Oh, no, don’t mention it. I was in the area and had nothing better to do. While speaking, she couldn’t help but stare him in the eye. So I said to myself: let’s go and pay a visit to my ex-husband, before he leaves this city forever, and have a last look at this house, which was once mine too.

But you hated it, he commented, tongue in cheek.

You’re right … but it wasn’t the house’s fault, she said, playing along.

Thank you!

They laughed again.

Are you busy tonight? she asked with nonchalance, moving a bit closer to him and hoping he wouldn’t notice her nervousness.

But Jan froze and scrutinised her, uncertain.

A last going out together, as an ex-couple, before you leave. She combined her words with a gesture of her hand, an imitation of a plane, and then she winked at him. ‘Come on, what have you got to lose?’

She knew it was her last chance with the man she couldn’t forget. She knew him so well. Who knew with how many women he had been since he separated from Anna? In the end what was wrong with a reunion? They were both adult, and they had a past with some good moments. There was still an attraction between them, she was sure of that. Maybe, if he let himself go, he would realise they might have more good moments.

I don’t think it’s a good idea, he finally replied, determined.

Her seductive look vanished, replaced by the humiliation she was feeling at being rejected.

He seemed to notice, as he changed his tone. No … sorry, he babbled. I didn’t want to be rude.

Milja stepped back, choking back her tears. She wouldn’t give him the satisfaction of seeing her weep again. No.

It’s nonsense, she exclaimed, in rage. You’re still thinking about her! She left you to go … to another planet. And you are here dying for her. I don’t recognise you anymore. What has that woman done to you?

Now she was shouting, but she didn’t care. She wanted him to see all of her contempt.

In the past you would’ve jumped me without hesitation. What am I saying? You would’ve fucked any vaguely passable woman. She pointed an accusing finger at him. Are you going to tell me that you played the inconsolable widower here, for eight months, for a woman who left you?! I wouldn’t believe it even if you swear on your sister’s life!

By now she was uncontrollable; she didn’t want to, nor could she, stop speaking.

Jan looked at her, dismayed. Please, Mil, don’t do this.

And don’t call me Mil! she interrupted him. "Jan-Willem. She enunciated his name, shaking her head. You’re just a dick. You really deserve that the slut left you."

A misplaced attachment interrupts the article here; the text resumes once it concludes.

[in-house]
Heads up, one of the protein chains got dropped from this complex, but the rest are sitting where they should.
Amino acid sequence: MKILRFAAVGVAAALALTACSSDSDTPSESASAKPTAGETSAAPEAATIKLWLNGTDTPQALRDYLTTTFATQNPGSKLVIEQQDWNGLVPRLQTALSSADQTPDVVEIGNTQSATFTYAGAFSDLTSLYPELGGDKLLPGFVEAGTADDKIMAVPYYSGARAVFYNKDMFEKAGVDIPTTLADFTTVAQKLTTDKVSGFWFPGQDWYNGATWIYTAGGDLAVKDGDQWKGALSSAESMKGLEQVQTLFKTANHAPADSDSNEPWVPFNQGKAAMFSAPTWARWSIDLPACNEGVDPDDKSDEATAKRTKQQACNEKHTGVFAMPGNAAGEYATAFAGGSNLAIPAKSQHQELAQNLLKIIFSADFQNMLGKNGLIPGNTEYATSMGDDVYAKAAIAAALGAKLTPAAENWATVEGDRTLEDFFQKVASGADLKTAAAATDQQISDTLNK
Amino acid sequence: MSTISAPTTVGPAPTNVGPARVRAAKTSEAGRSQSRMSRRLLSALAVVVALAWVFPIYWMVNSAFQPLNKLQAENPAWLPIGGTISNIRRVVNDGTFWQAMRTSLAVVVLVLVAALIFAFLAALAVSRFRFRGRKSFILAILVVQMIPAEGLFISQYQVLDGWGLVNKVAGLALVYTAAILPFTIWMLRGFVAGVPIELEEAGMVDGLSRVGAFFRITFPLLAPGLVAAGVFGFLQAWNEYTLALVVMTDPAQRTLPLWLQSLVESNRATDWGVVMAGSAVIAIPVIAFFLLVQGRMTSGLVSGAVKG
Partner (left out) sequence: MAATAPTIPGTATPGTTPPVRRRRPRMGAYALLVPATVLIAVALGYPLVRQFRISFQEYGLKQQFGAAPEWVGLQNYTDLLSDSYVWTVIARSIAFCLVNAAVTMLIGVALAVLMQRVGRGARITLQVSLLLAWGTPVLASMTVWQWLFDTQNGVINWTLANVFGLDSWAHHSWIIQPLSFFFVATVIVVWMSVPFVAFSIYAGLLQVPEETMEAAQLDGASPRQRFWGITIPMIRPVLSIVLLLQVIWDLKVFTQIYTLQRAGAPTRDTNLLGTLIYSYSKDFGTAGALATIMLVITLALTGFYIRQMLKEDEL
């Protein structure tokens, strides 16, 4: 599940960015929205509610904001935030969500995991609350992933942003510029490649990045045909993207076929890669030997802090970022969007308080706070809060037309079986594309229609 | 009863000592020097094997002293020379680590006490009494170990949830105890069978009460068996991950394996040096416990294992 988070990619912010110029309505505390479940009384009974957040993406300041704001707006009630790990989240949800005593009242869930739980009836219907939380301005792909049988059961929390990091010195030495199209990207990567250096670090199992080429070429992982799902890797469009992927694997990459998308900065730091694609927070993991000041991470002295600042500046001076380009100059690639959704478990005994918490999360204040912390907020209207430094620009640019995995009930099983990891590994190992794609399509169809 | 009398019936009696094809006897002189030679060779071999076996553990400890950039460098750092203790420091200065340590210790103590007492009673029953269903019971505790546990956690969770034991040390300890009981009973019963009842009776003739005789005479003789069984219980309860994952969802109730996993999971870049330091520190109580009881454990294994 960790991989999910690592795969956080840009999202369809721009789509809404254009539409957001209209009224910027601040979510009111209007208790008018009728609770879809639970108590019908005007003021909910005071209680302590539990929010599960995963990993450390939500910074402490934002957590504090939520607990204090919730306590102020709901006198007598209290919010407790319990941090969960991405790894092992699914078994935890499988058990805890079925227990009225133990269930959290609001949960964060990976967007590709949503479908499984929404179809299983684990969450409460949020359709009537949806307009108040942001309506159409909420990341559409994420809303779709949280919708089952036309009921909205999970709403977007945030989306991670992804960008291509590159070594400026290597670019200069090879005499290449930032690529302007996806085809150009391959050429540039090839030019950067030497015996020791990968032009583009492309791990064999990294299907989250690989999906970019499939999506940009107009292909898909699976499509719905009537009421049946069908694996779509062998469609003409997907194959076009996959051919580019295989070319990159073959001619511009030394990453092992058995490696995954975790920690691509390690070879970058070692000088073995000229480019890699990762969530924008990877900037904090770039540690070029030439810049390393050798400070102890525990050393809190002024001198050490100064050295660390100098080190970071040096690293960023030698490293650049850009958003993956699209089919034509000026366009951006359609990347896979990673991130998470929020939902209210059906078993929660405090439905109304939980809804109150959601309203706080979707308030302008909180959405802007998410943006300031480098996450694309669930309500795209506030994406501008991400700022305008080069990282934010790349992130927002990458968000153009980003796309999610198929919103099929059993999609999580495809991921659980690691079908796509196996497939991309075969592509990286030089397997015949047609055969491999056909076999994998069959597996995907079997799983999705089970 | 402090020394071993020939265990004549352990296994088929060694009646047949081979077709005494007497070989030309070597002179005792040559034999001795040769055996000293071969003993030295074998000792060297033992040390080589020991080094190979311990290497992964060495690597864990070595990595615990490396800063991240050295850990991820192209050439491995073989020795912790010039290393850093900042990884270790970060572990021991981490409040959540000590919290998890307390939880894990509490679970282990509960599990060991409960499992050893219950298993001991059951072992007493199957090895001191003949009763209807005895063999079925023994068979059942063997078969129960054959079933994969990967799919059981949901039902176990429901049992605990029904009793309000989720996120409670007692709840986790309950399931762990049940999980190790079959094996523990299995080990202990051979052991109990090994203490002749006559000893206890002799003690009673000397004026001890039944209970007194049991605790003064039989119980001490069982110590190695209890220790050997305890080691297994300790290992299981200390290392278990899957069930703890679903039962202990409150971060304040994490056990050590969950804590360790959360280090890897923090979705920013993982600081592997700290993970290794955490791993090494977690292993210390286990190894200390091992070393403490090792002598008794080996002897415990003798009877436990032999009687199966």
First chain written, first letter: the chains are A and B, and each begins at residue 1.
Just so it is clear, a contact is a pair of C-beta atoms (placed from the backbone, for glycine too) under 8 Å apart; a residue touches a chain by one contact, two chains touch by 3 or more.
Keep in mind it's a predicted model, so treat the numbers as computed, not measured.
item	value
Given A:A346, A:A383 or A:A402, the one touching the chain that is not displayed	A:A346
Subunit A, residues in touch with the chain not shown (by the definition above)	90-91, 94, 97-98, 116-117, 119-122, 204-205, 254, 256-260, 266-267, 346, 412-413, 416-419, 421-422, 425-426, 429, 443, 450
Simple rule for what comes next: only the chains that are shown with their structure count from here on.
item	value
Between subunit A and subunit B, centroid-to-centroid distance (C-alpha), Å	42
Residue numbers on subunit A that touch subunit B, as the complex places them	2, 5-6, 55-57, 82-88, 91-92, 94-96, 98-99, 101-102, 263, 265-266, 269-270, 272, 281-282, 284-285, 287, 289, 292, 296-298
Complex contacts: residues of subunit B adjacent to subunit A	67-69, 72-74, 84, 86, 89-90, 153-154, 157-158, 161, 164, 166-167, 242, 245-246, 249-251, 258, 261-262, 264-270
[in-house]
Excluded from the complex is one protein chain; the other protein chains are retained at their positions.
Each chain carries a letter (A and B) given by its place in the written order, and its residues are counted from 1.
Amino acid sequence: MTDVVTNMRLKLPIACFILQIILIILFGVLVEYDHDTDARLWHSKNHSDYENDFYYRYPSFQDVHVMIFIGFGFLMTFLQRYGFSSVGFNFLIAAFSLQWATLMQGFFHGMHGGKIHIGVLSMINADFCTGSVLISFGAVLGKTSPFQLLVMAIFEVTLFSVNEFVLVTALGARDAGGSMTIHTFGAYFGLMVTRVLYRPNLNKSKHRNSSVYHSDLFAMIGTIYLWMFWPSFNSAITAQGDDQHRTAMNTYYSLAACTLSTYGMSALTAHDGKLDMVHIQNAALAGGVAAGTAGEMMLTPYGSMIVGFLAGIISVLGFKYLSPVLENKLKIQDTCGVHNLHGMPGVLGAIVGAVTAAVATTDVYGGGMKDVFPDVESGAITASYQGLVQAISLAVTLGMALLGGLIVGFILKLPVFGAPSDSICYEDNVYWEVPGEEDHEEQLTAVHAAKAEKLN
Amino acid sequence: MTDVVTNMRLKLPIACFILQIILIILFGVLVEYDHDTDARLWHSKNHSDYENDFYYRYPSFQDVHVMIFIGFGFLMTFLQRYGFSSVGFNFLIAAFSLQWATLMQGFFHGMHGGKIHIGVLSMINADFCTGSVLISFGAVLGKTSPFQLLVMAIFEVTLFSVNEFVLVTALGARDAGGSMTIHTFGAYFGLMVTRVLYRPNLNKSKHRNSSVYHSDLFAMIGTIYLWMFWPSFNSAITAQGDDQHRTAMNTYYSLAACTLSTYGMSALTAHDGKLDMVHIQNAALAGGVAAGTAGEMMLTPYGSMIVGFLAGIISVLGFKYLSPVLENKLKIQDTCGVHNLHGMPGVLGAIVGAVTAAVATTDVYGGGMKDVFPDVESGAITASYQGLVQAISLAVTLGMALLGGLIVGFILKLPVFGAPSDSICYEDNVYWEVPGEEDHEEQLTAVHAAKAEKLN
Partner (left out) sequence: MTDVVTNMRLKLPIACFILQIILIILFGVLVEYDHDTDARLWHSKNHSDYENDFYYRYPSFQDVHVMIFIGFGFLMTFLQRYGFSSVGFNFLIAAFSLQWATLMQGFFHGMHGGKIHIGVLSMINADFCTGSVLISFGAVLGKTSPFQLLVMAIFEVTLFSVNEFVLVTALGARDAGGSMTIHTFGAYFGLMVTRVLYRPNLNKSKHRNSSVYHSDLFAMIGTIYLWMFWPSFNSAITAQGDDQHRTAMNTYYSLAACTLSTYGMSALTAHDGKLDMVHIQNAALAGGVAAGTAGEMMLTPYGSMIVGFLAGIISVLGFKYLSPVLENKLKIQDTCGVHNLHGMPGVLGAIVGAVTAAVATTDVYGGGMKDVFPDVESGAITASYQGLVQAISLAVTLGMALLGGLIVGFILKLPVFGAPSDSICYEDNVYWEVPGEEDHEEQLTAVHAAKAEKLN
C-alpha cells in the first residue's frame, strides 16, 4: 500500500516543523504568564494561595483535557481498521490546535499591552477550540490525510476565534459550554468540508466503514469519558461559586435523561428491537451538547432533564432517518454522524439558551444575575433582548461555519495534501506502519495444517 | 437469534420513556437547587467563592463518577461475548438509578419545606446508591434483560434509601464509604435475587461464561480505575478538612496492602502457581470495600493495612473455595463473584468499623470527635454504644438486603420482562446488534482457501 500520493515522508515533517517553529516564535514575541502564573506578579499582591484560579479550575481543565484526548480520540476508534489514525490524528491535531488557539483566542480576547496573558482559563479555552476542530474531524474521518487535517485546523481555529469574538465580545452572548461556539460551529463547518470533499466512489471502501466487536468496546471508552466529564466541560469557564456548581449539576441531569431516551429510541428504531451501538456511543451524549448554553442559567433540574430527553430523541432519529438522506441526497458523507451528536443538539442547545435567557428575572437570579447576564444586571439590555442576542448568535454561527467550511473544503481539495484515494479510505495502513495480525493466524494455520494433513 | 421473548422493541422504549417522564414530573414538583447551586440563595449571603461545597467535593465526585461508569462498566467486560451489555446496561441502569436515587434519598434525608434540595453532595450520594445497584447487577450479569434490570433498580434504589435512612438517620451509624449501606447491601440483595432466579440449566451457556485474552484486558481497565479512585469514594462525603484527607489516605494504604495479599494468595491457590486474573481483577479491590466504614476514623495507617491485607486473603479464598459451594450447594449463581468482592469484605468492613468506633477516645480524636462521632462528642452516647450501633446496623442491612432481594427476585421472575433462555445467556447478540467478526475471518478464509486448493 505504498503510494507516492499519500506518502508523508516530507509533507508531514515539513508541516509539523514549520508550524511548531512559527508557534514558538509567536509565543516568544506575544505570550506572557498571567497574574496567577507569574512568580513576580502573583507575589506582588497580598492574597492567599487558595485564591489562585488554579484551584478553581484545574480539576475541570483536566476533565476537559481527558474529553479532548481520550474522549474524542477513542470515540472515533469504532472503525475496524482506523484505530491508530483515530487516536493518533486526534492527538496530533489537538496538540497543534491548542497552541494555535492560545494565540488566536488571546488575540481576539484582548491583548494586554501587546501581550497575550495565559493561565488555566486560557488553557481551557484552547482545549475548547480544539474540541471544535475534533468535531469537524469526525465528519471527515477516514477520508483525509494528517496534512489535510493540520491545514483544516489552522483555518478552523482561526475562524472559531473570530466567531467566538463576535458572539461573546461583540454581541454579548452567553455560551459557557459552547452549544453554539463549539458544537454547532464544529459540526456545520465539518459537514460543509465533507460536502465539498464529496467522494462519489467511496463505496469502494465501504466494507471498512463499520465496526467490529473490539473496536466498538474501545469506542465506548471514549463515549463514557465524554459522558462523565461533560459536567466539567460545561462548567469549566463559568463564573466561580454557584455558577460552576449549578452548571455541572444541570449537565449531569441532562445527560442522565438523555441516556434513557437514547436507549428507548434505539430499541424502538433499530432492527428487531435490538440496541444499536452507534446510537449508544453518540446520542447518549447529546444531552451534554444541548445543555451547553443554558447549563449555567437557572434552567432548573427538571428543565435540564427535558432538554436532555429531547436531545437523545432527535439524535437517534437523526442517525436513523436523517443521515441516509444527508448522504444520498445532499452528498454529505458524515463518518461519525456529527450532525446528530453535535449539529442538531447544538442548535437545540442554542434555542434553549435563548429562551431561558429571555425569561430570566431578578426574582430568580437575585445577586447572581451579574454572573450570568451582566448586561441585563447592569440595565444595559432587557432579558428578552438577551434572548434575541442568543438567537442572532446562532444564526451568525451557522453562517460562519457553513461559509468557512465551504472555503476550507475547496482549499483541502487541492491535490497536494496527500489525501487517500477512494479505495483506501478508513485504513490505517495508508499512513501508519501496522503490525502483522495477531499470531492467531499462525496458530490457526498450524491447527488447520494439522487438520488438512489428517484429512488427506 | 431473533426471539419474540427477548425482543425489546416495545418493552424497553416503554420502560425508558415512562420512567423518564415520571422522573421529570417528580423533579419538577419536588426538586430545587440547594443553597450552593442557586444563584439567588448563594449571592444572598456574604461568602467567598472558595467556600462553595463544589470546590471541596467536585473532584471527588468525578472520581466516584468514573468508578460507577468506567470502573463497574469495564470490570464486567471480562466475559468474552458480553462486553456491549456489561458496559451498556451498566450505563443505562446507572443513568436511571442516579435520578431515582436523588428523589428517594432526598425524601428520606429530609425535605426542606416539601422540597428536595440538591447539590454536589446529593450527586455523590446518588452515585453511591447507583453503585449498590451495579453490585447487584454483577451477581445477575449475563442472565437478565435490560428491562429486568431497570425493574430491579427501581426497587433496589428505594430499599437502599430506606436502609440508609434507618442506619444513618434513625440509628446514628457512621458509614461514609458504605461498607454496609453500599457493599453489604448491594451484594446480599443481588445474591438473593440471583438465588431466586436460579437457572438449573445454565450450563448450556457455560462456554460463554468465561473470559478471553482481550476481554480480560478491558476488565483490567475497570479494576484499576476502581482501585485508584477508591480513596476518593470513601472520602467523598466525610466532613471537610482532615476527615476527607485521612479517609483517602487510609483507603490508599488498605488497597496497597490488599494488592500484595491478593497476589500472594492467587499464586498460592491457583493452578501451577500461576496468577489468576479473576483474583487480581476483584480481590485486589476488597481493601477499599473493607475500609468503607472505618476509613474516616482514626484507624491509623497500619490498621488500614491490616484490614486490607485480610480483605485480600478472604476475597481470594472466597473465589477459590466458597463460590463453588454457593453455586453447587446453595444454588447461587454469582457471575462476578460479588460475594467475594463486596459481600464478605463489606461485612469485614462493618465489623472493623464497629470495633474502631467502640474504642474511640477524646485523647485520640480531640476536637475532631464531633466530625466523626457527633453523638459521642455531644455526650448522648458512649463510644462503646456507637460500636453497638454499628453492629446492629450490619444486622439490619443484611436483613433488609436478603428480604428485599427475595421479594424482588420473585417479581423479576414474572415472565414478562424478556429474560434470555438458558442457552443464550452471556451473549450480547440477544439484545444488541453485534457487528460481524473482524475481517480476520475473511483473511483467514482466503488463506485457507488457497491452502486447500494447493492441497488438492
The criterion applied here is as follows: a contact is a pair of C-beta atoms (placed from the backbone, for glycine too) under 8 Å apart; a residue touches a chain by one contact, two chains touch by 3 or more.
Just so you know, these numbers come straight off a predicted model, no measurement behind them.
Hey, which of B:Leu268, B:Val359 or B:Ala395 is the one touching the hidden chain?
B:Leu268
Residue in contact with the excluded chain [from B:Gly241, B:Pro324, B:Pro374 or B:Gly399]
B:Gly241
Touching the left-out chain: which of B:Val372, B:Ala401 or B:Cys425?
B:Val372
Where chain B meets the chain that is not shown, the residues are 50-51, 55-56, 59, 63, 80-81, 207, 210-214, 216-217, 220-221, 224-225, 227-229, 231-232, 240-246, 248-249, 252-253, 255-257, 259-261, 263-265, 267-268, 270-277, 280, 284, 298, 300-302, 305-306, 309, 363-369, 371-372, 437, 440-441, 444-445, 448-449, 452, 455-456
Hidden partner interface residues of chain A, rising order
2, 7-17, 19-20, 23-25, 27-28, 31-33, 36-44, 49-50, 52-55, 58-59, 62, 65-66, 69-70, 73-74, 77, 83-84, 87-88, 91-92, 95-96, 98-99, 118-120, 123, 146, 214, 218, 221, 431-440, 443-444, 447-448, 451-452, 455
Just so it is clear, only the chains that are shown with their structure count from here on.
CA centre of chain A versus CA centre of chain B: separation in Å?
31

At that point she realised she was still holding that stupid brooch. "I wish you had gone to snuff it on Mars," she concluded, trying to compose herself. Then she threw the jewel at Jan’s feet.

Before she left, slamming the door, she darted a last glance at him. While doing that, she noticed he wasn’t even looking at her; his attention was focused on the table.

Ooh, I wish I’d been there! Kirsten almost shouted, as she paused, sipping her beer and opened her limpid, blue eyes wide. You didn’t film that scene with a camera, did you?

Seized by a sudden hilarity, Jan almost choked on the bite he was swallowing. His coughing attracted the attention of the other customers yet again.

His sister could never stand Milja. That uppish bitch, as she called her after the separation, always seemed to her to be a fucking egotist. And Jan didn’t feel like contradicting her, nor had he been too sorry when he’d realised that there was disharmony between the two of them.

Kirsten was like that. If she felt the slightest dislike for a person, she didn’t do anything to hide it. And he loved her also because of that untamed but pitiless sincerity of hers.

But when did this happen?

Jan shook his head, trying to recall the precise day, while he caught his breath. Well, last week, on Wednesday or Thursday.

So do you mean that you didn’t meet for four years and that bitch jumped at you as though nothing had happened in the meantime? She tilted her head backward, whilst emitting a cry of exclamation. I’d have paid to watch her face when you told her to fuck off.

Another guffaw; and another nasty look from the people on the next table, who were having dinner with their preteen children.

Okay, okay, but calm down or they’ll throw us out. To tell the truth, he couldn’t be quite convincing while reproaching his sister. When they went out together, they would become like those pestiferous kids who used to drive their parents crazy, but they couldn’t use their youth as excuse now.

Finally she fell silent and resumed eating. Jan’s eyes lingered on her. She had the round, pale face of a porcelain doll, with raven-black hair put up into two pigtails on both sides of her head. Her dark look gave her an aggressive appearance, but seen close up she seemed younger than her twenty-two years. In the last few months they had spent a lot of time together. He would miss her so much.